Tuan Sing Holdings is making one of Singapore’s largest commercial real estate sales this year after signing a S$500 million ($371 million) sale and purchase agreement with a BVI-registered buyer for the firm’s Robinson Point office building.
In a statement released Tuesday, the SGX-listed property developer said it had received a deposit of S$45 million for the property in the city’s central business district, after entering negotiations with the buyer in August.
At that time, the S$500 million price represented a 34 percent premium to the property’s book value. With the buyer having made an initial deposit of S$5 million when talks began the remaining S$450 million consideration is to be received on completion of the transaction, Tuan Sing said.
Market sources said the buyer of the 21-storey building at 39 Robinson Road was a company in the British Virgin Islands controlled by an investor from Vietnam.
Above Market Deal Amidst a Slump
Tuan Sing CEO William Liem hailed the progress on the sale as “a clear demonstration of Tuan Sing’s expertise” and reflective of a successful strategy of proactive asset management. “The team has worked extremely hard to reach this milestone,” he said, “notwithstanding the challenges posed by the COVID-19 restrictions and the difficult macroeconomic environment.”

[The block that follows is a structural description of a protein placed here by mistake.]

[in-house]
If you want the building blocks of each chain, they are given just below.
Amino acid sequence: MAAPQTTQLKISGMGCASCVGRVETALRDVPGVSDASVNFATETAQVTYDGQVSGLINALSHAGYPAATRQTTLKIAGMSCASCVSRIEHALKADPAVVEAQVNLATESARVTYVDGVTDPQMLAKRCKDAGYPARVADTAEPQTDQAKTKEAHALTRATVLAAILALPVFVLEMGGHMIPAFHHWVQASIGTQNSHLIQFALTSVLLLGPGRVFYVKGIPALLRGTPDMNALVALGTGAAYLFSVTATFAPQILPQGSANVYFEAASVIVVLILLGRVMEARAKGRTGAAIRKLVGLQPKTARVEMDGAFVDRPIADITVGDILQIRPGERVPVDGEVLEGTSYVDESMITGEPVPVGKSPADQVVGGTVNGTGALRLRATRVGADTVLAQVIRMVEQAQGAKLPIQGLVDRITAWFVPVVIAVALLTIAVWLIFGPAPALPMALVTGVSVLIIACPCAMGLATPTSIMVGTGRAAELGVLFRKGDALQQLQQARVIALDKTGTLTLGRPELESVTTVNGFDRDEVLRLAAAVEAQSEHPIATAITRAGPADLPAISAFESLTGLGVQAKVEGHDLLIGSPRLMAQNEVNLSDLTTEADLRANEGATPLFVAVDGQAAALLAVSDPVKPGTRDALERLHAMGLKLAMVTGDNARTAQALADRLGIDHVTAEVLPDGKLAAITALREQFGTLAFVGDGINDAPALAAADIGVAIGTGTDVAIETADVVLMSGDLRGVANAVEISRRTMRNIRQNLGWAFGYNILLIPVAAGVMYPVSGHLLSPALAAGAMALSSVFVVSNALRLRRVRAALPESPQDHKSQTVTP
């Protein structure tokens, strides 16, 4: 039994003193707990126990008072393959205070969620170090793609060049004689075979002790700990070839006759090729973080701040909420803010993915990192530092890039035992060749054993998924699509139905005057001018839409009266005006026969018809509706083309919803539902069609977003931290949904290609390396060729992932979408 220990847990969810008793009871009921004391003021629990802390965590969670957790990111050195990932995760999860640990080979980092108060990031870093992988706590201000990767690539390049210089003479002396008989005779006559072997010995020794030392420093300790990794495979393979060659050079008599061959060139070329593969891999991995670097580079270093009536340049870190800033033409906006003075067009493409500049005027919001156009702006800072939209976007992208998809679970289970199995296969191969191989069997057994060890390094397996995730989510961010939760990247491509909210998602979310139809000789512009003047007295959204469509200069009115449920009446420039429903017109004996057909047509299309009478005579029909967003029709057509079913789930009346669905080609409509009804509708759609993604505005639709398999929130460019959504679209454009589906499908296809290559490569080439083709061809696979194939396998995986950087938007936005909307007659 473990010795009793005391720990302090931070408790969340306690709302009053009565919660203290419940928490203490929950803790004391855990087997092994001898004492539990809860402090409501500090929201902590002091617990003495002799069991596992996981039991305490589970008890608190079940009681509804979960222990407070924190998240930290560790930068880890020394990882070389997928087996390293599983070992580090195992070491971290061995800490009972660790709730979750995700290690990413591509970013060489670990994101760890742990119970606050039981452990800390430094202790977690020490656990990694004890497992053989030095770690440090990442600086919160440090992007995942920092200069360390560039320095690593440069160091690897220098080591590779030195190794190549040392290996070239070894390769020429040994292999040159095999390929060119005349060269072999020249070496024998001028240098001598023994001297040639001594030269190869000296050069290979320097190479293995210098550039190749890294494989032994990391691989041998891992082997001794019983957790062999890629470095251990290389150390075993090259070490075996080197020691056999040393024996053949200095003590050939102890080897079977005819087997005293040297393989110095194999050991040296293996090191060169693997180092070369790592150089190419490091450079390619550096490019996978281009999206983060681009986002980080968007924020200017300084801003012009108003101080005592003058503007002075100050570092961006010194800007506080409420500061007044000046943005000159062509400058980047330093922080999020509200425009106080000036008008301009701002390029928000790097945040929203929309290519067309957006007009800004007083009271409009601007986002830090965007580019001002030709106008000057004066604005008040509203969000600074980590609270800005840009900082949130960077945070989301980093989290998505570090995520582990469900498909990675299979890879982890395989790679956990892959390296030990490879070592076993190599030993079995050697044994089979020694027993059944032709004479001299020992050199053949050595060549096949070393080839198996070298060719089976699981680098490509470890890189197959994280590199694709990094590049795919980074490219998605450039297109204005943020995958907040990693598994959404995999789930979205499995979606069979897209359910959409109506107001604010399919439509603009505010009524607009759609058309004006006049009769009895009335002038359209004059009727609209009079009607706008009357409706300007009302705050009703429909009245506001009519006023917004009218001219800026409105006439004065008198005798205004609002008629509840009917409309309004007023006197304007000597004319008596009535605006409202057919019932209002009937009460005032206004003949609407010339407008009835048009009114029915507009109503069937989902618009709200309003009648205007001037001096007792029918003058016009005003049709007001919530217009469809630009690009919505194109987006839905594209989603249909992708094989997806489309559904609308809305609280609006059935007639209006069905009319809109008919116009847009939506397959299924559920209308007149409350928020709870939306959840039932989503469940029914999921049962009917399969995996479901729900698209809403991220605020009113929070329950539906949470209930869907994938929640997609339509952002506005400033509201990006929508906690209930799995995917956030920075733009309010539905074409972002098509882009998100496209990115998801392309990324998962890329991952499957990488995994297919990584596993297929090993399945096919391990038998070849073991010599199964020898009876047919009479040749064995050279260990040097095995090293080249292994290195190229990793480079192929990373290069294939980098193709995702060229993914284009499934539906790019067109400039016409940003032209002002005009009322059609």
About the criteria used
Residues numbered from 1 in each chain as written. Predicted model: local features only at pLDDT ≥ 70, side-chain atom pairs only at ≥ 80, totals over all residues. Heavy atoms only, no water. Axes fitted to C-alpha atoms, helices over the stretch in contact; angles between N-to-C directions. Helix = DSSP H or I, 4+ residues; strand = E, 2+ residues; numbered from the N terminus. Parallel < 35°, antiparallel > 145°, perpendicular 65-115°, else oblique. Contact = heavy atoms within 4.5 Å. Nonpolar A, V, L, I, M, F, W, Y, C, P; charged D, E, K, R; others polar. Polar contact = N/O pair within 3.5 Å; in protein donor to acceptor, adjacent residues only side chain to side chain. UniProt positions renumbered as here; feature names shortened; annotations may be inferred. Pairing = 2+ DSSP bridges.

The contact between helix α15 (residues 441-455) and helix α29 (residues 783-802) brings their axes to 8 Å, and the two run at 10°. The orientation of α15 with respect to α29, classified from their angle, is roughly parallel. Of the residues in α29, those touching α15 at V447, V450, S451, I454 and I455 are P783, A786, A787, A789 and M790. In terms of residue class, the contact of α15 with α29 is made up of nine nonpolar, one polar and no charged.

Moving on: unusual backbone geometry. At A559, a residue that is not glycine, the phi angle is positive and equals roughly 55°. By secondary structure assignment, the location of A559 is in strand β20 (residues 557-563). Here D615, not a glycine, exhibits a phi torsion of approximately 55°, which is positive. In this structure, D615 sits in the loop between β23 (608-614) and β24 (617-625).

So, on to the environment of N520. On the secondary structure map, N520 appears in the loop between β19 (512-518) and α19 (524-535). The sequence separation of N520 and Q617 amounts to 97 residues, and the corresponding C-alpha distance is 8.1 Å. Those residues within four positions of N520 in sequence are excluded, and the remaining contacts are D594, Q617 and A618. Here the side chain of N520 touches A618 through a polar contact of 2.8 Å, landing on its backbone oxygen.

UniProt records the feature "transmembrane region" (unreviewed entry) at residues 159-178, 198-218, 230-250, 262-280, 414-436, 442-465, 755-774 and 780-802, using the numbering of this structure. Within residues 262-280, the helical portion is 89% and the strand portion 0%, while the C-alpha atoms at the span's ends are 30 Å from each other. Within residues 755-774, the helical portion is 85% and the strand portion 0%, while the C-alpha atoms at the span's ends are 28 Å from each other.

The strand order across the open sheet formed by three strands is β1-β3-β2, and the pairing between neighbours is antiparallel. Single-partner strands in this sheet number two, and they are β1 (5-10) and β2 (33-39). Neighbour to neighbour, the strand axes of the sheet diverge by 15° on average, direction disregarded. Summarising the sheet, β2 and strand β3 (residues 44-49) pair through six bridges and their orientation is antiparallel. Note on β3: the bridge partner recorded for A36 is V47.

Located near Raffles Place in the heart of Singapore’s financial district, Robinson Point features an unusual 999-year leasehold term, which gives it virtual freehold status. Based on the selling price and the building’s net lettable area of 133,830 square feet (12,433 square metres), the building is being sold at S$3,736 per square foot, according to Mingtiandi’s calculations.
The agreed price amounts to a 45 percent premium to the S$2,570 per square foot paid by ARA Asset Management for the nearby Robinson Centre when it purchased that leasehold property last December for S$340 million.
Although Robinson Point and the Robinson Centre are within three minutes’ walk of each other along Robinson Road, a primary commercial street linking Raffles Place to the Tanjong Pagar area, market observers regard the latter property as a less attractive prize because of its 99-year leasehold term with about 76 years remaining.
City-State Stays Hot
A CBD incentive scheme aimed at transforming Singapore’s ageing districts and promoting residential development in the urban core has helped revive deal-making in office properties after commercial property transactions stalled at the beginning of the year as a result of the COVID-19 pandemic.
Office investment transactions in the Southeast Asian financial hub had plunged 87 percent to $136 million in the first quarter of the year compared with the previous three months, according to CBRE.